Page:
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Medical News

Study in D.C. to Test Whether HIV Treatment Can Prevent Spread

November 16, 2009

A controversial strategy to eradicate HIV with aggressive treatment of those already infected is being tested in Washington.

"The purpose is to get the level [of HIV in the blood] down so that people will not infect anyone because their viral load is so low," said Anthony S. Fauci, director of the National Institute of Allergy and Infectious Diseases. "The philosophy is if you could test everybody, and treat everybody who has HIV, you could use treatment as prevention."

The experiment follows a World Health Organization report last year that suggested the strategy could reduce HIV prevalence to 1 percent in 50 years. It is to be launched by the White House around the time of World AIDS Day, Dec. 1.

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The approach relies on global universal treatment with antiretroviral medications. The study protocol calls for health department personnel to be schooled in modernizing patient record-keeping and encouraging patients to take medication even when they feel well.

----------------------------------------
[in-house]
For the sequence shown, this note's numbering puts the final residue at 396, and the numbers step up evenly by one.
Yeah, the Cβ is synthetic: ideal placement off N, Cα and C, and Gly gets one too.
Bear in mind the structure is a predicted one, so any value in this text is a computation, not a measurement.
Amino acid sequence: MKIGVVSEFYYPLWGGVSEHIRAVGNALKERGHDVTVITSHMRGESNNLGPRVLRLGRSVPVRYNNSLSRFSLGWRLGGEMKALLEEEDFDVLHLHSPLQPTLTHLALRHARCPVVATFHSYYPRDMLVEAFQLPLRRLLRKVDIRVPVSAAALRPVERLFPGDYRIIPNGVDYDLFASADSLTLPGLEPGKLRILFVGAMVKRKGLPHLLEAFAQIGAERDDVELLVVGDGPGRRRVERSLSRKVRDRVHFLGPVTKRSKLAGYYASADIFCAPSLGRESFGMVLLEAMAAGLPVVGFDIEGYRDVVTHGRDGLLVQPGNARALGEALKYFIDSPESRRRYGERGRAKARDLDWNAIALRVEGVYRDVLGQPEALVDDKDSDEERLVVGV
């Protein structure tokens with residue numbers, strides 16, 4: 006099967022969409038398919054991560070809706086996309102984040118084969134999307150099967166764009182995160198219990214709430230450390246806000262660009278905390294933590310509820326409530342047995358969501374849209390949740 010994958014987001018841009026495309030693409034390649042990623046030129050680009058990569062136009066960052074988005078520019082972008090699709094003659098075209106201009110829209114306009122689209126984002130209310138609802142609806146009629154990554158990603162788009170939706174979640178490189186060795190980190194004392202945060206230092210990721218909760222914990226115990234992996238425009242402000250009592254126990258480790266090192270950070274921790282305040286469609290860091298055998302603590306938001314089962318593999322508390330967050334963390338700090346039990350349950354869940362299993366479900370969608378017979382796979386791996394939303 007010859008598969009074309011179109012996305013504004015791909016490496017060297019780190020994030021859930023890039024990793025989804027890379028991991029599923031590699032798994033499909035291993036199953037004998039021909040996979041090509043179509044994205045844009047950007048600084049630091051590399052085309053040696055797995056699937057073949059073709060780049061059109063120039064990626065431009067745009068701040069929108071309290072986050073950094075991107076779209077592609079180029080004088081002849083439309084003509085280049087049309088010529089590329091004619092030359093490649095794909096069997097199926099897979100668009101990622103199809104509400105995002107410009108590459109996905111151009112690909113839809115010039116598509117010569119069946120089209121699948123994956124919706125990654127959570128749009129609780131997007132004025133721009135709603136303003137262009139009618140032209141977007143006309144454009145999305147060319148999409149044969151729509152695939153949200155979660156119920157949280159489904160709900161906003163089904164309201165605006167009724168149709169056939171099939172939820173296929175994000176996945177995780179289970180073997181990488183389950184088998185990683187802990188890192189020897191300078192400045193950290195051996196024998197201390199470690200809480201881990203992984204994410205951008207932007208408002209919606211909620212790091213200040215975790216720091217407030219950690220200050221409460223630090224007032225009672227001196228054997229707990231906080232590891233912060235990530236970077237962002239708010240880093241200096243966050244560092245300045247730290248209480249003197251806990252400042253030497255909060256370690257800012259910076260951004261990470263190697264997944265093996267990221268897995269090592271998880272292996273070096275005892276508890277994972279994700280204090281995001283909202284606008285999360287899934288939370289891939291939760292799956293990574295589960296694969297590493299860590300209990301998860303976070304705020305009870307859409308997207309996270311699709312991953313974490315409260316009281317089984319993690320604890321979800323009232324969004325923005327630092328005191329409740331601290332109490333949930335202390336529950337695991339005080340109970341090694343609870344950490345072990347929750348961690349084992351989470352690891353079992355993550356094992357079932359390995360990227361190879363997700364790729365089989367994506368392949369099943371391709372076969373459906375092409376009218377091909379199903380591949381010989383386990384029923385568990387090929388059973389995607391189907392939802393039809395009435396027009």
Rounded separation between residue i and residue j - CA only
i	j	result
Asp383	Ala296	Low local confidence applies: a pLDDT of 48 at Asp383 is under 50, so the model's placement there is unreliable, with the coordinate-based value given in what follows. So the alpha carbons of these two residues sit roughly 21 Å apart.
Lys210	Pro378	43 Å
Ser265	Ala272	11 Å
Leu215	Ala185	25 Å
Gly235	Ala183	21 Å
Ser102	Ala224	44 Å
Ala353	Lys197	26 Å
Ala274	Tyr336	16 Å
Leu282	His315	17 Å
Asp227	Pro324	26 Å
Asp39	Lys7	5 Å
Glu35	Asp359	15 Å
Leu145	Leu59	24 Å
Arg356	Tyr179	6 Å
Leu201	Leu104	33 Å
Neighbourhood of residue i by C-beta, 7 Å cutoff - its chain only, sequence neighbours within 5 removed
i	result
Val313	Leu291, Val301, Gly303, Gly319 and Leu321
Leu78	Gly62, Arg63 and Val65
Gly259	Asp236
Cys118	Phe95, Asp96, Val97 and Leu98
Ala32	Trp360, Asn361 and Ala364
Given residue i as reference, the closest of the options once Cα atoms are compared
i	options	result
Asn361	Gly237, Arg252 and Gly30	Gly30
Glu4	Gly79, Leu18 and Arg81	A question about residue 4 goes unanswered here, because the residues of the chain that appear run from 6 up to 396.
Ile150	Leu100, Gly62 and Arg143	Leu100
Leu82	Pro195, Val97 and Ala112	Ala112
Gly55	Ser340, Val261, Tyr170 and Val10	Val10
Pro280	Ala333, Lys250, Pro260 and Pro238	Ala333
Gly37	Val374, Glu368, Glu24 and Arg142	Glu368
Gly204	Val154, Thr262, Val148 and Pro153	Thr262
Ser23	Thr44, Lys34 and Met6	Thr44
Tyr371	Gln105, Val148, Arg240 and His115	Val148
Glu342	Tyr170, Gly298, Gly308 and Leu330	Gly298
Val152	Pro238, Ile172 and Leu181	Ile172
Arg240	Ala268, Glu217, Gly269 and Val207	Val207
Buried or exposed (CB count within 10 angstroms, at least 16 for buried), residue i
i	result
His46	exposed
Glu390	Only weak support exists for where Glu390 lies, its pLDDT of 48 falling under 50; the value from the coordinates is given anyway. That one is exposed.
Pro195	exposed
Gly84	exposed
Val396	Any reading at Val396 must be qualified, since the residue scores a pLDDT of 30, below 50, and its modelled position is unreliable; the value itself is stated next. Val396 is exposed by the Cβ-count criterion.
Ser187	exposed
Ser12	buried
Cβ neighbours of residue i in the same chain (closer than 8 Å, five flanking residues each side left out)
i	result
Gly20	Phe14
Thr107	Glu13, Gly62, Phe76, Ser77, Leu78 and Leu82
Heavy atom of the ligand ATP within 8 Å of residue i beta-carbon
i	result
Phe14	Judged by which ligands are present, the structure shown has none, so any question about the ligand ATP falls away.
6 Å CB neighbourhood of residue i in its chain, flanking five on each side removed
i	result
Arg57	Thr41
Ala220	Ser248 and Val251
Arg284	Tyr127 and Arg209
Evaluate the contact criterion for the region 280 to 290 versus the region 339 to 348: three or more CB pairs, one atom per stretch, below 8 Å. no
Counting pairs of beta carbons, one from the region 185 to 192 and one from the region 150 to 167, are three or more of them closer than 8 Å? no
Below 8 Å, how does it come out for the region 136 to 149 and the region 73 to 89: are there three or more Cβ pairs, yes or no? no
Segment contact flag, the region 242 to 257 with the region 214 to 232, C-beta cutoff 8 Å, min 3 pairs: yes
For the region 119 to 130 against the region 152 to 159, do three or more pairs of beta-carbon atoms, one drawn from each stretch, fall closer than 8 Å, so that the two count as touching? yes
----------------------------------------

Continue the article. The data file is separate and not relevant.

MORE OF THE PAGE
One study area is Anacostia, a predominately African-American community on Washington's south side. A similar experiment is underway in the Bronx, New York City.

Detractors suggest there is no scientific evidence to suggest the approach will work and that it would be financially prohibitive to implement even if it were effective.

"It's so far in the hypothetical stage that I wouldn't even rank it" among the proven methods of controlling HIV such as condoms and needle exchange, Fauci acknowledged.

Bradley G. Wagner and Sally Blowers, University of California-Los Angeles researchers who say they advanced the "treatment as prevention" approach 10 years ago, approved of the WHO strategy albeit with lower expectations.

Back to other news for November 2009

Adapted from:
Washington Post
11.13.2009; Darryl Fears


  
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This article was provided by CDC National Prevention Information Network. It is a part of the publication CDC HIV/Hepatitis/STD/TB Prevention News Update.
 
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